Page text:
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CEC for proportional representative system

Thursday 7 December 2006

Special Correspondent

Experience showed "health of our democracy is not that good"

Kumbakonam: The time has come to shift to proportional representative system of elections, Chief Election Commissioner N. Gopalaswami said.

Delivering the second V. Narayanan Memorial Lecture (Narayanan was the former Chairman of City Union Bank) at Shanmugha Arts Science Technology and Research Academy University, Mr. Gopalaswami said 60 years of election experience had shown that the "health of our democracy is not that good." Voting pattern, winning seats in elections, background of candidates, their behaviour as legislators made people ask "Is this really a representative democracy?"

Election statistics were disturbing and called for reforms and changes. A candidate, who wins a seat in the election, polls less than 50 per cent of votes. Those who lose , collectively get more votes than the winner. But he wins the seat. This, Mr. Gopalaswami said, was not really representative democracy. The shift should either be to proportionate system of seats on the basis of votes polled, or a winner should get 50 per cent plus votes.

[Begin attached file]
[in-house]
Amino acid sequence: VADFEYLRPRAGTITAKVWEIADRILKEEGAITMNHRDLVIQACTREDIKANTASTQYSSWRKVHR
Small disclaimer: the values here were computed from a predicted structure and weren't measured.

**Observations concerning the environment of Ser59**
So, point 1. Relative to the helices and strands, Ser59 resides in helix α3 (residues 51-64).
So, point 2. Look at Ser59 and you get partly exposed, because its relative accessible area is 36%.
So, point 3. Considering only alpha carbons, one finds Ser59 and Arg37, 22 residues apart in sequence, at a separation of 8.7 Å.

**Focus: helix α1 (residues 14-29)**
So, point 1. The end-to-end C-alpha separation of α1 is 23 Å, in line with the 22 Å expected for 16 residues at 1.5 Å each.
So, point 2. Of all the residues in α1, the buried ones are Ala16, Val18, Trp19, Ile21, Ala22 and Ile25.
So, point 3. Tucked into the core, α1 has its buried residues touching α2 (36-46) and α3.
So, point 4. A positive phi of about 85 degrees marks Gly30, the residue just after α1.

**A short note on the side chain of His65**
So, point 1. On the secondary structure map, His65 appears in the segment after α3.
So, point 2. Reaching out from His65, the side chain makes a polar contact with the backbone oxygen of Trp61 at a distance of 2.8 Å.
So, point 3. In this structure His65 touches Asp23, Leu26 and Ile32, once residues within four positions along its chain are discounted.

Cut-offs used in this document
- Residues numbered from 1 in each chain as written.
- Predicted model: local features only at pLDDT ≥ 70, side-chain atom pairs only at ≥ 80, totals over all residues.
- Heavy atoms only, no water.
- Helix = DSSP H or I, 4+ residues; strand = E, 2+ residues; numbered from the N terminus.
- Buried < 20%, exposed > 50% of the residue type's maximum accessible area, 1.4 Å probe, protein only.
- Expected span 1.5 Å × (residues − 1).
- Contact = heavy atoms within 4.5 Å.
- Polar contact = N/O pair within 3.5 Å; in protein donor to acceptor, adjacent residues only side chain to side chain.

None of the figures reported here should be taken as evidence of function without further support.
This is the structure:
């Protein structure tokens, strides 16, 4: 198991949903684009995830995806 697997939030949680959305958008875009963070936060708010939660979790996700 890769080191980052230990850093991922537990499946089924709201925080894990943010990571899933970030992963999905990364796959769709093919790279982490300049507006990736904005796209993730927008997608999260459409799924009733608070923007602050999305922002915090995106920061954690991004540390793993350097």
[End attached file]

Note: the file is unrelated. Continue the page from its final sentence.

He said that statistics revealed that the voting percentage was much higher in the local body elections compared to Assembly and Parliament elections. Again the polling percentage in general elections was less than that in Assembly elections.

Of the 543 Lok Sabha seats, candidates in 325 constituencies won, polling less than 50 per cent of votes.

Stating that people with criminal background contested elections, he said in this connection that the Election Commission had recommended to the Government that those chargesheeted and likely to be imprisoned for not less than five years should be prevented from contesting. But, the necessary amendment to the law had not come into force. In the 2004 general elections, in 19 States, 511 candidates with criminal records contested.

With a view to preventing candidates with criminal backgrounds from contesting, the EC had suggested that candidates should file an affidavit giving details of criminal cases. But, here also candidates did not mention the truth and many hid their criminal records.

The Chief Election Commissioner called upon the people to be vigilant and ensure that those who misused powers of legislators were not elected.

Answering questions, he said that the election system in the United States was far more superior. Prof. Col. R. Sethuraman, Vice-Chancellor, SASTRA, spoke.

See online : The Hindu

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